And she would wither.

And the world would miss out on her spirit and spunk.

Both Jodi and Kristina, along with Temple, Jennifer, and so many others prove that those with Autism Spectrum Disorders have so very much to give to all of us.

Be it via watching a YouTube video, raising my own Aspie, watching one of these amazing ladies speak, or doing a simple coffee together, all of these women have enriched my life, and hopefully yours, as well.

Like so many pop songs, I “wrote it off” as another trendy, generational aural fad. But I took the time to read the lyrics, and recall all the struggles my own daughter has faced. Now our family is standing at the door – her door – watching the glow appear from the other side as it starts to open. It is nothing short of breathtaking.

And it brings this stoic, hardened, battle weary mom to tears.

It’s been a long time. It’s been a long road that isn’t over yet. And almost losing my husband this past winter due to a Subarachnoid Hemorrhage (bleeding on the brain) has had us working our way to a “new normal,” too. In brief, life has swallowed us up, making getting from one day to the next the priority, finding me on the cusp of losing the greater perspective when it comes to my daughter.

Watching the story about Jodi and listening to Katy’s lyrics are what it took to get this mom’s perspective back in order. Sometimes, we do need to stop and breathe, choosing to look at the bigger picture.

This is our picture.

My daughter was born with autism (Asperger’s). My daughter’s preschool teacher didn’t have her finishing high school, due to her lack of social ability. Her executive functioning skills as a youngster had us all questioning if she’d go away to college, let alone live on her own someday. Thankfully, neither my husband nor I believed any of this was her fate. We pushed. We taught. We role played - without dungeons, dragons, or funky RenFair outfits. We spent time and money on therapies and books as opposed to yearly vacations and summer camp. Or cable. We simply could not afford them. Yes, it was hard. It was darn hard at times. But we held a firm vision of the future and stood firm. Today, we are seeing the result of all those years of sacrificing time and finances – even my own career.

My daughter is a firework. (This is ironic if you’ve read my book, “Asperger’s in Pink”.) Her door is starting to open. And when it’s her time to shine – all on her own - she will, indeed, light up the night sky, making the world a better place.

So can yours. So can you.

Wednesday, October 17, 2012

Tagless for Comfort

The other day, I did something I haven’t done in a few years. I took myself shopping. Like many Americans, although our jobs have remained the same, our income has not kept up with soaring insurance costs, rising food costs and more. But jeans wear out and shoes wear thin and eventually need replacing.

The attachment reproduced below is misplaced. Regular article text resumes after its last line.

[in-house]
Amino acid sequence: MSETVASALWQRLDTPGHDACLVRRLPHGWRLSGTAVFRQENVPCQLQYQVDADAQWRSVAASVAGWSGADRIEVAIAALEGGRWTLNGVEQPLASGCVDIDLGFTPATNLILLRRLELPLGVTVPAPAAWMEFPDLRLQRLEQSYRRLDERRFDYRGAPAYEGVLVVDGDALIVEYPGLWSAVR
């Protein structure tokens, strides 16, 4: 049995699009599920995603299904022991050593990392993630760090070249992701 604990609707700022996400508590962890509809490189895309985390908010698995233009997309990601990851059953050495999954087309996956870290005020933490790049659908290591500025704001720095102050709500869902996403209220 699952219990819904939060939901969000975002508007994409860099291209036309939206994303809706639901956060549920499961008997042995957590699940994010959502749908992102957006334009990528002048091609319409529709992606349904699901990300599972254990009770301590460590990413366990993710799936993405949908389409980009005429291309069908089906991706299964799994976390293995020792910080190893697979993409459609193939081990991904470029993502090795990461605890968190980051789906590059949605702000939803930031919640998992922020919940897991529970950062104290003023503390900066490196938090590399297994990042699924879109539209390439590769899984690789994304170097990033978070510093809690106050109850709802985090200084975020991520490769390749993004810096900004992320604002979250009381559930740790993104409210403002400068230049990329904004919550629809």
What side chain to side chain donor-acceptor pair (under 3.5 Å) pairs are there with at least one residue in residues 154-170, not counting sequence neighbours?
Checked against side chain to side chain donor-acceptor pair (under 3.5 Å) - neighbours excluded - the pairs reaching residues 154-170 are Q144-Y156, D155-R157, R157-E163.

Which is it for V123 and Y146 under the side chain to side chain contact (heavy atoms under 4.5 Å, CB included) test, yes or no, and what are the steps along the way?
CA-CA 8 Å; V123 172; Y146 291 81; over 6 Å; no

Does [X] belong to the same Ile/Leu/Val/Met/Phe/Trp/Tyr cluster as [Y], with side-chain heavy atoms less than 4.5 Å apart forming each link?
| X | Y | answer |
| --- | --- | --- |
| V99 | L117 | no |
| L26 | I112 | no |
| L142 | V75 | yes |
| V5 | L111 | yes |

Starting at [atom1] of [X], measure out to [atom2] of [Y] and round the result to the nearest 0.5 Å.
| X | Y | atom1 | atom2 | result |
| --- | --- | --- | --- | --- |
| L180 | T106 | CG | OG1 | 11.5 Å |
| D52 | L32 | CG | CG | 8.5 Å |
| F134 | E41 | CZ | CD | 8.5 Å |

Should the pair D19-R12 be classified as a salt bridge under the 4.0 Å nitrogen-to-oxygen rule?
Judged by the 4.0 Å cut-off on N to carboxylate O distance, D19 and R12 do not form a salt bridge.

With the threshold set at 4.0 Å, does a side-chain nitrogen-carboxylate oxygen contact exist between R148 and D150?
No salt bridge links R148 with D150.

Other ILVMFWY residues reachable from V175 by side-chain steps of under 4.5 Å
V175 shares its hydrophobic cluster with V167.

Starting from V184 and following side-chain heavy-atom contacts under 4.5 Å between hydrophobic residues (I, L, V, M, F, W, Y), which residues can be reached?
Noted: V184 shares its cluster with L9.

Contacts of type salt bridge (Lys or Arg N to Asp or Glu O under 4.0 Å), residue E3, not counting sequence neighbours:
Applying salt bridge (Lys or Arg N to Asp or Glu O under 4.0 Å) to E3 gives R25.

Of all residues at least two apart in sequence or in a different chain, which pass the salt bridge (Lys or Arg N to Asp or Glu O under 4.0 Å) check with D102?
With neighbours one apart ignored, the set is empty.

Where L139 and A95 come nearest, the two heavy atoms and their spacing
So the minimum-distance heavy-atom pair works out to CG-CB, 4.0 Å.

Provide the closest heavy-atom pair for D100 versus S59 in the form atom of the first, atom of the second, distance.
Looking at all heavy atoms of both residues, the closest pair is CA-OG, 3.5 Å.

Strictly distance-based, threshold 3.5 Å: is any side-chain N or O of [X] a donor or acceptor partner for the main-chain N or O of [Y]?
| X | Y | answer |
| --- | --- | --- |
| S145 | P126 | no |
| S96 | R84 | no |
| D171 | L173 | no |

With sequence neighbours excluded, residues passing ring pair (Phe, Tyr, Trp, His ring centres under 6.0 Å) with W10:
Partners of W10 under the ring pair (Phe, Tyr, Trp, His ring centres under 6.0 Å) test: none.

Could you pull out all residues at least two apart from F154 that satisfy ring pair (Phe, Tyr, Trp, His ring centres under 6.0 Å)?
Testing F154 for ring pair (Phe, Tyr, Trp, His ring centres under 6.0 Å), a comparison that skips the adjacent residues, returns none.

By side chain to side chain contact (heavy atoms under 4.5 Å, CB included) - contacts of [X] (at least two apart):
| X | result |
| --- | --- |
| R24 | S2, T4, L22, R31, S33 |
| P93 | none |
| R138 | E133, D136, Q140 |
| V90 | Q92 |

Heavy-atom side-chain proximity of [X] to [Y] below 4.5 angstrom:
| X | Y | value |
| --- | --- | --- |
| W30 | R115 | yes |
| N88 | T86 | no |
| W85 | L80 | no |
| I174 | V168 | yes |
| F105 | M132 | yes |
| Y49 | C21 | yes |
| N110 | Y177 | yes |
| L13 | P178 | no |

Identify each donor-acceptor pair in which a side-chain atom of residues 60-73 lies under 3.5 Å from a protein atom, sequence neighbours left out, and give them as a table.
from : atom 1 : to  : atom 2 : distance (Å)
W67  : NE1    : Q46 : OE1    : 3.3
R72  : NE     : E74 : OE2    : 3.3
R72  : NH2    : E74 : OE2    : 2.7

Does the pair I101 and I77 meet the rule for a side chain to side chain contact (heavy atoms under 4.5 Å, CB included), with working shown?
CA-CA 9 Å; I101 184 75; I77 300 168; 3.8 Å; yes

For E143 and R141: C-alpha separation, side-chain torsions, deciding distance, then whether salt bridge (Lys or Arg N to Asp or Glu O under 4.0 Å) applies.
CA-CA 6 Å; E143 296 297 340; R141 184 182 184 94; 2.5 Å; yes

One trend I noticed while shopping is largely neglected by most. It isn’t the Color of the Year (Pantone, anyone?), or faux fur vs fleece. It’s all about the tags.

Yes, this is on its side. No, I can't get Blogger to fix the orientation. *sigh*
When Kristina was little, like most kids on the autism spectrum, she detested tags. And this included those on her stuffed animals, which she promptly whacked off the first moment she gained access to a pair of scissors. For most families with sensory sensitive kids, tags are a bane. They scratch, they itch, they do anything but lie flat. In short, they are a literal pain in the neck.

Or side.

Or waist.

Which brings me back to my new shirt. I took the plunge and bought one with a pattern to it. Olive green with swirls of lighter green and sage. A pattern that will be quite dated by season’s end, ensuring a built-in excuse to buy another. On the tag, I read something that caught my eye. It said, “tagless for comfort.” It made me think of so many families who’ve clipped these bits for longer than my daughter has been alive. Sure, the decision to make these is likely the result of cutting costs instead of outcry, but what a (literal) relief, just the same.

Now, that claim was only partly true. There was some sort of white plasticky- thing sticking out from the neck, along with regulated care information sewed in the side seam.

But it had me thinking deeper. Tagless for comfort. How many people use “tags” for themselves out of necessity for access to services, for greater understanding and acceptance, but who would rather go tagless, and be accepted for who they are, no label needed?

I know my daughter does.

The truth is tags are often uncomfortable. They can draw unwanted attention. Just as a scratchy tag can make a beautiful dress unbearable to wear, focusing too much on the tag can distract from the person wearing it.

Yes, labels and such are needed and useful, just like the one sewn into the side seams that tells the wearer how to care for that particular piece of clothing. It is very important that proper diagnoses are made and the sooner the better. But once that is done, it’s time to move on and grow. And as your child grows, her sensitivities and skill sets will likely grow and change as well.

This post isn’t about getting rid of tags, per se. It’s about choosing to look at the person for who they are, not what they are wearing.

But you already do that, right?